The hit film “Wonder Woman” won high praise from critics and audiences alike upon its release in 2017. The blockbuster became the second-ranked superhero film of all time in terms of positive reviews on Rotten Tomatoes, and it raked in $821.9 million at box offices worldwide, making it the tenth-most profitable release of the year. The film was also largely applauded for its strong female main character.
The success of “Wonder Woman” propelled the career of lead actress Gal Gadot into the stratosphere, along with that of director Patty Jenkins. Now, according to Glamour, Jenkins is set to make more than three-times what she made directing “Wonder Woman” for her writing and directing roles on the as-yet-unnamed sequel to the film, which is due to be released in 2019.
According to MovieWeb.com, “Jenkins took it upon herself to negotiate a deal on par with what other directors, namely top-notch male directors, can command in Hollywood. To say the least, she was successful as she is reportedly set to make $9 million for her work on the sequel.”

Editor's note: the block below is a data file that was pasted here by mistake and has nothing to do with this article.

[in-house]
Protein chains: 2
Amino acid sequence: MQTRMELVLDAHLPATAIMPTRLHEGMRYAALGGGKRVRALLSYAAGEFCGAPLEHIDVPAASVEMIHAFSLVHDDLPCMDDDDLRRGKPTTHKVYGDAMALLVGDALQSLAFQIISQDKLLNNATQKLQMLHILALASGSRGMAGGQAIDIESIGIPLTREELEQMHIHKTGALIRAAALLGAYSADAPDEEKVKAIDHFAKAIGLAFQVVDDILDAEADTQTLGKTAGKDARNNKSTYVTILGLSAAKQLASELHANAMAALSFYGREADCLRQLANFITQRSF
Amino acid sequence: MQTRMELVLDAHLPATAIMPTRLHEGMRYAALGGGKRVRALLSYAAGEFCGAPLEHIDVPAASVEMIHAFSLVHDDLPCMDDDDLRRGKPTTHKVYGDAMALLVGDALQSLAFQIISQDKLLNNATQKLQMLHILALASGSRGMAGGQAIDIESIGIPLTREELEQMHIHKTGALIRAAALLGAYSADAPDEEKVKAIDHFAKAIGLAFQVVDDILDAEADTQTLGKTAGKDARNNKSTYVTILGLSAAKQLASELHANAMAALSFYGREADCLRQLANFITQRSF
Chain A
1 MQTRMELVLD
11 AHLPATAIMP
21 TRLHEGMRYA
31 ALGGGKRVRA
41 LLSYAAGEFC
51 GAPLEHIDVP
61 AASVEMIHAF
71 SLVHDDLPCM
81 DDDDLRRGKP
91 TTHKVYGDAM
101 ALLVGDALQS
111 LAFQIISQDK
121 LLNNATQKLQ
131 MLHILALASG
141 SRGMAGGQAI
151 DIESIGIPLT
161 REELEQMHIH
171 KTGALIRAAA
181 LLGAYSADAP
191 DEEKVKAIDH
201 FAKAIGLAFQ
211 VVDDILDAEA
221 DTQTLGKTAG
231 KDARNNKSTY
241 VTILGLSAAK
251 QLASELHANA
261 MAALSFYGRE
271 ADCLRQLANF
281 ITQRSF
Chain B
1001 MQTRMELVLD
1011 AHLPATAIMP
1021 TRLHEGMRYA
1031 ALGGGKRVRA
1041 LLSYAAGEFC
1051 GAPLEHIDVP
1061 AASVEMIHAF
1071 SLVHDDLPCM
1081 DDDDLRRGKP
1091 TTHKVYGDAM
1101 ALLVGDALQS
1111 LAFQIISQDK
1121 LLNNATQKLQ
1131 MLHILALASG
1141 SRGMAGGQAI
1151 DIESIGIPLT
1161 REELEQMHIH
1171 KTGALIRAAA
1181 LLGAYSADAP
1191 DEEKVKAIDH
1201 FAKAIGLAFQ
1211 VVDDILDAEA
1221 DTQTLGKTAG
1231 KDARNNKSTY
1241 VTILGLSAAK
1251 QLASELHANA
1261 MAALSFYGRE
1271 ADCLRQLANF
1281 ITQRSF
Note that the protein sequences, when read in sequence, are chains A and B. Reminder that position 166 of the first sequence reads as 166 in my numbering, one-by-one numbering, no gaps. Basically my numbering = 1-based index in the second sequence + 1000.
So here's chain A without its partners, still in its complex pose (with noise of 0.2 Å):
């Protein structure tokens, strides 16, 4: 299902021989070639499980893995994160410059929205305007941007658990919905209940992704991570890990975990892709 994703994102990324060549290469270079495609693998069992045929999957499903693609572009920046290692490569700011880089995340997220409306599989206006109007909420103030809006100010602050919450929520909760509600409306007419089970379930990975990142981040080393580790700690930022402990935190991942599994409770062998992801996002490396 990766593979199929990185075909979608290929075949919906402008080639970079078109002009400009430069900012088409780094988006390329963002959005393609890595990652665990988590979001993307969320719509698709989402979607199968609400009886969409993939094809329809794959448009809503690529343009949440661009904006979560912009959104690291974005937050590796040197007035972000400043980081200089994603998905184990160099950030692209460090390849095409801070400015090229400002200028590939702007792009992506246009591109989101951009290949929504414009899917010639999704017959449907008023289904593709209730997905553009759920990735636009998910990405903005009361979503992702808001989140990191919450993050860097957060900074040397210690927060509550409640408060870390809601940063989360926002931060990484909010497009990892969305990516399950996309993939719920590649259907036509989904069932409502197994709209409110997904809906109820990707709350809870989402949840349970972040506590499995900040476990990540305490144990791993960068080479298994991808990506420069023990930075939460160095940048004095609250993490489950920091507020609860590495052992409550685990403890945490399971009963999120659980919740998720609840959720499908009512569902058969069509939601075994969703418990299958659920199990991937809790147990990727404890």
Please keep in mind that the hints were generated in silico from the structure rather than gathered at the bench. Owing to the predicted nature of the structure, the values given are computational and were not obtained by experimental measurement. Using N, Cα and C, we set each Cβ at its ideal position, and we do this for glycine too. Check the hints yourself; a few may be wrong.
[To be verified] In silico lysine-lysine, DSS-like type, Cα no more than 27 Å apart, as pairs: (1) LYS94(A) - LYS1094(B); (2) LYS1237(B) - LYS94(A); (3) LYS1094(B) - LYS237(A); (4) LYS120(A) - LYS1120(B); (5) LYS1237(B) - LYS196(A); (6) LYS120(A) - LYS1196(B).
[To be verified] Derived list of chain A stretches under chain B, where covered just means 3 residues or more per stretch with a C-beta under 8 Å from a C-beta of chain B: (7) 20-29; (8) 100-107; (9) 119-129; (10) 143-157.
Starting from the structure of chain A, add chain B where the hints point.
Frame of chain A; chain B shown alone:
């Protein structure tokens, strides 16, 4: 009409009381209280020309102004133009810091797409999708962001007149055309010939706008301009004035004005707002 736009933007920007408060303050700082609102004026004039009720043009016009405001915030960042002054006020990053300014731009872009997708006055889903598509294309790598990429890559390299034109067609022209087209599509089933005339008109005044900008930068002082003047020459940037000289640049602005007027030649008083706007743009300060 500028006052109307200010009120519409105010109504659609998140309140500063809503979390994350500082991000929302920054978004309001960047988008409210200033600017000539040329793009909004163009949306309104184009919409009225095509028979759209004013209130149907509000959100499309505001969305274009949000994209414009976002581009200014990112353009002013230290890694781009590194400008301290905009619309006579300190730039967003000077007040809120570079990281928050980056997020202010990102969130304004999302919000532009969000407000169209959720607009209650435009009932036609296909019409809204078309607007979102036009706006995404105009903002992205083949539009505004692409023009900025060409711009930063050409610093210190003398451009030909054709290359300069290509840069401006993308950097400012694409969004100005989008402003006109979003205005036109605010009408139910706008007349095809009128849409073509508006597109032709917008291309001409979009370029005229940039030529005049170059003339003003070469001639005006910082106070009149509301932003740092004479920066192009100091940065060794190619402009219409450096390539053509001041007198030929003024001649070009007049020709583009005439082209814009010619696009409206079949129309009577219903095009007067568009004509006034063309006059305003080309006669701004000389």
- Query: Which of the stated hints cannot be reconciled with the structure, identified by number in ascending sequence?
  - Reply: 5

The salary will make her the highest-paid female director ever. Even so, the seemingly massive paycheck is still $241 million less than what Steven Speilberg made for the 1993 smash hit “Jurassic Park”.The salary will make her the highest-paid female director ever. Even so, the seemingly massive paycheck is still $241 million less than what Steven Speilberg made for the 1993 smash hit “Jurassic Park”.Click To Tweet
Still, the salary Jenkins negotiated is being heralded as a big step forward for women in Hollywood, where the #timesup movement – along with recent gender pay equity scandals – has recently focused attention on the pay inequity common in the entertainment industry.
(Hollywood aside, nationally, the average woman makes only 78 cents for every dollar earned by the average man. Read more about the gender pay gap in PayScale’s report, The State of The Gender Pay Gap in 2018.)
Jenkins was apparently very aware of her opportunity to advance pay equity while negotiating her contract for “Wonder Woman 2”.
“I’ve never been more aware of a duty than I was in this deal,” she said, as quoted by Glamour.
“I was extremely aware that I had to make sure I was being paid what the male equivalent would be. Women who have not been in a system that allows them to build up the same level of pay as men are not able to be paid the same as men forever if that’s the way it continues. You have to ask for it to happen, and you have to ask when you’re the appropriate person.”
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